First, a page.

Bristol University – Image Credit – Mary Rose : WikiPedia
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Google Street View has launched a new collection of historic Scottish sites, allowing people to now explore a number of the nation’s picturesque castles, forts and abbeys from their phone, tablet or computer.
Partnering with Historic Scotland, the project captured sixteen landmarks in total, covering the length and breadth of Scotland.
Sites featured range from Stirling Castle, with its magnificent renaissance palace, to Dunfermline Abbey and Palace, the final resting place of many Scots Kings and Queens. Other participating sites include Urquhart Castle on the banks of Loch Ness and Caerlaverock Castle in Dumfries and Galloway.
With 360-degree interactive imagery, people all over the world can see and explore the iconic places before they go, including some remote and hard-to-reach places they may never have discovered on their own.
Commenting on the launch, Stephen Duncan, Director of Commercial and Tourism at Historic Scotland, said:
“We are pleased to have partnered with Google Street View to work on this new collection which showcases online a number of our properties from across Scotland.
“This technology will allow visitors, no matter where they are in the world, to get a taste of several of our properties in a new way. We hope that it will encourage them to visit and further their discovery of these magnificent historic sites and properties in person.”
The sites were captured in July this year using the Google Street View Trekker, in partnership with Historic Scotland. The Trekker – a four-foot, 40lbs backpack, fitted with a 15-angle lens camera, taking 360 degree pictures every 2.5 seconds – is designed to capture imagery in locations that the Street View car can’t typically reach.Scottish sites already live on Street View like: Edinburgh Castle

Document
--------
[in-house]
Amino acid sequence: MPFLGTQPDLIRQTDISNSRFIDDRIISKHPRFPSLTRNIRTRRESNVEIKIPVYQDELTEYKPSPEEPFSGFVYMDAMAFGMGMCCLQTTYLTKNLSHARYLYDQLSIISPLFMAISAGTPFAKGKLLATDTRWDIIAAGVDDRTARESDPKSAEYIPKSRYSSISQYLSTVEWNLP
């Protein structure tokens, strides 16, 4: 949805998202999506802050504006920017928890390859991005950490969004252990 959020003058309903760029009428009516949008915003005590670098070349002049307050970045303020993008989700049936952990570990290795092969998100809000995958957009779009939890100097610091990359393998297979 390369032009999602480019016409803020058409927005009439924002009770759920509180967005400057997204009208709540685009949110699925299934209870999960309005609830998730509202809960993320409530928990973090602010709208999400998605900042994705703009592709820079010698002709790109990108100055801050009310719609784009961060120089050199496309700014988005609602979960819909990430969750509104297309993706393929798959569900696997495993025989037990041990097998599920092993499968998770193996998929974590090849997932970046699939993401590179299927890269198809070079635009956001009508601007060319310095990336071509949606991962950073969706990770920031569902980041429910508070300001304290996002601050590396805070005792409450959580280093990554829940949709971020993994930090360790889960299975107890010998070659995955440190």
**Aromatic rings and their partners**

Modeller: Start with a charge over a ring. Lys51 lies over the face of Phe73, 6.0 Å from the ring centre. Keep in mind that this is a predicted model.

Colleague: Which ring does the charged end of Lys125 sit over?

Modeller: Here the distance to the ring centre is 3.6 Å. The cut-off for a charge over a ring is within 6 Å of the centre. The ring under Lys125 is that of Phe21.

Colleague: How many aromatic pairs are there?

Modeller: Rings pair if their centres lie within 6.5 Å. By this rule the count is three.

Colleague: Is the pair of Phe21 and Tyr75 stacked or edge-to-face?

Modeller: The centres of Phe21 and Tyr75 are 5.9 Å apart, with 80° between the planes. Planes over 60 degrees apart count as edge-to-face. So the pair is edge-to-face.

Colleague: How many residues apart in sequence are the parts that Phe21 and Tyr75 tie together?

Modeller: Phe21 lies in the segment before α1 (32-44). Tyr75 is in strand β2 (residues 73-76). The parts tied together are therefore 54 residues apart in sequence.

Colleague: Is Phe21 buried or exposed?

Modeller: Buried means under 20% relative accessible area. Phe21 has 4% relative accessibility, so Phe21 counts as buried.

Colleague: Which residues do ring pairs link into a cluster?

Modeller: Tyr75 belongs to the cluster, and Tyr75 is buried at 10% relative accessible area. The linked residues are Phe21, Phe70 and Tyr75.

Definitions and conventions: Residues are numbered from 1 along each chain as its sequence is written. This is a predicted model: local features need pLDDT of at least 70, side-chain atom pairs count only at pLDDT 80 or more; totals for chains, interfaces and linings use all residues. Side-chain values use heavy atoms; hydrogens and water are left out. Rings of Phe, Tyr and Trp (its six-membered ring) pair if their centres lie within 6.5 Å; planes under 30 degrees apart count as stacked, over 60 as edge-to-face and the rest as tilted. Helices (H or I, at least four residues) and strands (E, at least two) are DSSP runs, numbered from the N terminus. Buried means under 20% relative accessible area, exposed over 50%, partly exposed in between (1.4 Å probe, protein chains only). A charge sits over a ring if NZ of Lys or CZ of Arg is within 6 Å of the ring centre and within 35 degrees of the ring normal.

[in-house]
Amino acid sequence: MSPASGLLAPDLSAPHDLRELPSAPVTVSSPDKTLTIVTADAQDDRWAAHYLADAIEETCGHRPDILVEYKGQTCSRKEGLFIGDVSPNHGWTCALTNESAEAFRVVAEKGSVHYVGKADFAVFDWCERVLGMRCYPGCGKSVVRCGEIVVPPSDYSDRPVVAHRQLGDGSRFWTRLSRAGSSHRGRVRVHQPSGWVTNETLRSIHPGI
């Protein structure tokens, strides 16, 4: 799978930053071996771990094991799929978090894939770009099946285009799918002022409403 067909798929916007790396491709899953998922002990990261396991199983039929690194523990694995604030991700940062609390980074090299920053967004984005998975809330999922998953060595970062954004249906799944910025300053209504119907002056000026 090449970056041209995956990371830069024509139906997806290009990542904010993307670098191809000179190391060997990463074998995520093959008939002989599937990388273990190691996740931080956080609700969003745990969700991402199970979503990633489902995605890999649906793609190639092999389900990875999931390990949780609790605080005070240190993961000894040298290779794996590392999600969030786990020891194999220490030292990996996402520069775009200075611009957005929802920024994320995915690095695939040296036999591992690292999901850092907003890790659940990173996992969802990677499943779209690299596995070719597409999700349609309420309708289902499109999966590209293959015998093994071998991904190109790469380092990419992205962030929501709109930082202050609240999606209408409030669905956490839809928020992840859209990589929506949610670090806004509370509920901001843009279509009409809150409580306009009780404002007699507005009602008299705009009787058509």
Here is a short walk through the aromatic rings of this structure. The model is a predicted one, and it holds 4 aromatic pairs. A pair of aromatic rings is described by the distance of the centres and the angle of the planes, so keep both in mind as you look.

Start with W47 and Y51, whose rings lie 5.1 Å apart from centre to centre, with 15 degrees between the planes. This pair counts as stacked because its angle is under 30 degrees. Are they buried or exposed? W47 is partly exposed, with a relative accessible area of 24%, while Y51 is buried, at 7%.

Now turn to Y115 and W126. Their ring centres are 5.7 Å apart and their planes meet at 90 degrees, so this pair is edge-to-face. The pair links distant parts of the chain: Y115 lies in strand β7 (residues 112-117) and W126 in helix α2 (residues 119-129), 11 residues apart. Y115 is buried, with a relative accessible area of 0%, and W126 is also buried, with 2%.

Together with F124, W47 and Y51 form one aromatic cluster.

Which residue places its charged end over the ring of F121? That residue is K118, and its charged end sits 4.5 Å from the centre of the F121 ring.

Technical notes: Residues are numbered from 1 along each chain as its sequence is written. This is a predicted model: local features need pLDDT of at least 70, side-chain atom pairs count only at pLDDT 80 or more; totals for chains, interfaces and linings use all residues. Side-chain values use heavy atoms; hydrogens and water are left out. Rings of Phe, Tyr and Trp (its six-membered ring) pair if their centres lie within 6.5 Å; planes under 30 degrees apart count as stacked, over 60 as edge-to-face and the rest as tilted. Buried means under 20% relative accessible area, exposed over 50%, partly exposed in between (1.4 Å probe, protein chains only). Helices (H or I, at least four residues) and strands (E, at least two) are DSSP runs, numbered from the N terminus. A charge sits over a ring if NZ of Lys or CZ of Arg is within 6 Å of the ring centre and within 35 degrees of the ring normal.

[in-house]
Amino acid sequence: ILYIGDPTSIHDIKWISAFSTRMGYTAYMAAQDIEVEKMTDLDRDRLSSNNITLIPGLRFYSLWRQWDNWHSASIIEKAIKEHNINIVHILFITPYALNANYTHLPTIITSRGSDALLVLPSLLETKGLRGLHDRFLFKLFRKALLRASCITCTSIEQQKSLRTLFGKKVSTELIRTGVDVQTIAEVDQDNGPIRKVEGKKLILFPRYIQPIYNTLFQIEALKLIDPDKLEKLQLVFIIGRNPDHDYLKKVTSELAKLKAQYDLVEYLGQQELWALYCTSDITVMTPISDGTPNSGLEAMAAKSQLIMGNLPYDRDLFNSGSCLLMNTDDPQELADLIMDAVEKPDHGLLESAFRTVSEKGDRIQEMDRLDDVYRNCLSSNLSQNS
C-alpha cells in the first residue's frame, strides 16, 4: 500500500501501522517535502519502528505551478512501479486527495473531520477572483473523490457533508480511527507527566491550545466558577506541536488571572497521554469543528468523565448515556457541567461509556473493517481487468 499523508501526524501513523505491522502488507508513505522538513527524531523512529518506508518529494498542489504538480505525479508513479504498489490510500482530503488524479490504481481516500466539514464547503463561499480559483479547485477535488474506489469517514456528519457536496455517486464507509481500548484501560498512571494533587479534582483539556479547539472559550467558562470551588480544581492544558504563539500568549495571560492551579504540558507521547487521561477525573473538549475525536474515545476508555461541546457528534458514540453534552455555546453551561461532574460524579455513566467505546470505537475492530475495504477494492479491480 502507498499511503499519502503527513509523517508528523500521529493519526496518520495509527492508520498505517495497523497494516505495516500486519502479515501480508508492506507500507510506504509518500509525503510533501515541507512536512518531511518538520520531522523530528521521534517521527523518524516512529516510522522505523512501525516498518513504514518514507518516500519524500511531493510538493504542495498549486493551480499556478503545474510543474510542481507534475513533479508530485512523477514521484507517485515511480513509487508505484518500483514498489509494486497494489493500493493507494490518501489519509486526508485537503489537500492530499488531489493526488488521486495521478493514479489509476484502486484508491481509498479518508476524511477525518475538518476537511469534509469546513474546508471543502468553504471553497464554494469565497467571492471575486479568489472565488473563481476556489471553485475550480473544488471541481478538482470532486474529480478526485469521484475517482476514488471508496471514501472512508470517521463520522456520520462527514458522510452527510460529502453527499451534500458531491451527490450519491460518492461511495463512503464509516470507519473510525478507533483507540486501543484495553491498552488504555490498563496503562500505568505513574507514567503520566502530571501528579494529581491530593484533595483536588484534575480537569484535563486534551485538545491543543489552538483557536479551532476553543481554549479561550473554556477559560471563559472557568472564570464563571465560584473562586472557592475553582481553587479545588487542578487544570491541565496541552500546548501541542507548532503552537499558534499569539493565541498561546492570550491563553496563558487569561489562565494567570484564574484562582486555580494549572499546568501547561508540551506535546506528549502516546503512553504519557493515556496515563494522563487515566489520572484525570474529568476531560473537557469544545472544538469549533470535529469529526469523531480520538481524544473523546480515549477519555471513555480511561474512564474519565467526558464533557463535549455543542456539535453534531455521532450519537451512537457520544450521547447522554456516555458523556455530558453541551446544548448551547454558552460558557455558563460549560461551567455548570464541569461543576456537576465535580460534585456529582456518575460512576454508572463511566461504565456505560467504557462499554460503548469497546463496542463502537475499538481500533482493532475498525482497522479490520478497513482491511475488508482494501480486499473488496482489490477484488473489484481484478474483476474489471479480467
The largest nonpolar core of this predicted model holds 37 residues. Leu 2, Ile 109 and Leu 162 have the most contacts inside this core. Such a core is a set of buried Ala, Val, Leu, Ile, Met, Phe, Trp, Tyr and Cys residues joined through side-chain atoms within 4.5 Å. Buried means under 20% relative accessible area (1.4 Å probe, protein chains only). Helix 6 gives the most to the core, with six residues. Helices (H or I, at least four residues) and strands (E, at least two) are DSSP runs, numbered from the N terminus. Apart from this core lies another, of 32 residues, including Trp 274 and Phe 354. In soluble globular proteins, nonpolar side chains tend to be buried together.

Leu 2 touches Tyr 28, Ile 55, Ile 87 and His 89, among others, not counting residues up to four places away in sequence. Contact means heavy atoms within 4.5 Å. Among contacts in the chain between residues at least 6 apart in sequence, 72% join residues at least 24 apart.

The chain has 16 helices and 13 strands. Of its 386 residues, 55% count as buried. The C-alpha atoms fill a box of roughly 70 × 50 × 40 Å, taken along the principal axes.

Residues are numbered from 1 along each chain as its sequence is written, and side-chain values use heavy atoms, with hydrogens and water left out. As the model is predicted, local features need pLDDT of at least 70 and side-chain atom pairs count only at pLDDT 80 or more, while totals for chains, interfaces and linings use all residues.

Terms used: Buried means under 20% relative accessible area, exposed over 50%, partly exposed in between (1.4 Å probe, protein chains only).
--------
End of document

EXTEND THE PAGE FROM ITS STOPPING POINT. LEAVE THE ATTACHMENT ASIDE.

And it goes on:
The full list of sites in this collection are:
- Dunfermline Abbey and Palace
- Dumbarton Castle
- Tantallon Castle
- Linlithgow Palace
- Lochleven Castle
- Arbroath Abbey
- Stirling Castle
- Fort George
- Urquhart Castle
- Arthur’s Seat
- Blackness Castle
- Dirleton Castle
- Craigmillar Castle
- Glasgow Cathedral
- Dunstaffnage Castle and Chapel
The post Virtual view for some of Scotland’s most iconic heritage sites appeared first on HeritageDaily - Heritage & Archaeology News.
Instead Dr Robert Sansom from The University of Manchester believes rising sea levels are more likely to blame. His research has been published in the journal Proceedings of the Royal Society B.
He says: “When our jawed vertebrate ancestors overtook their jawless relatives 400 million years ago, it seems that it might not have been through direct competition but instead the inability of our jawless cousins to adapt to changing environmental conditions.”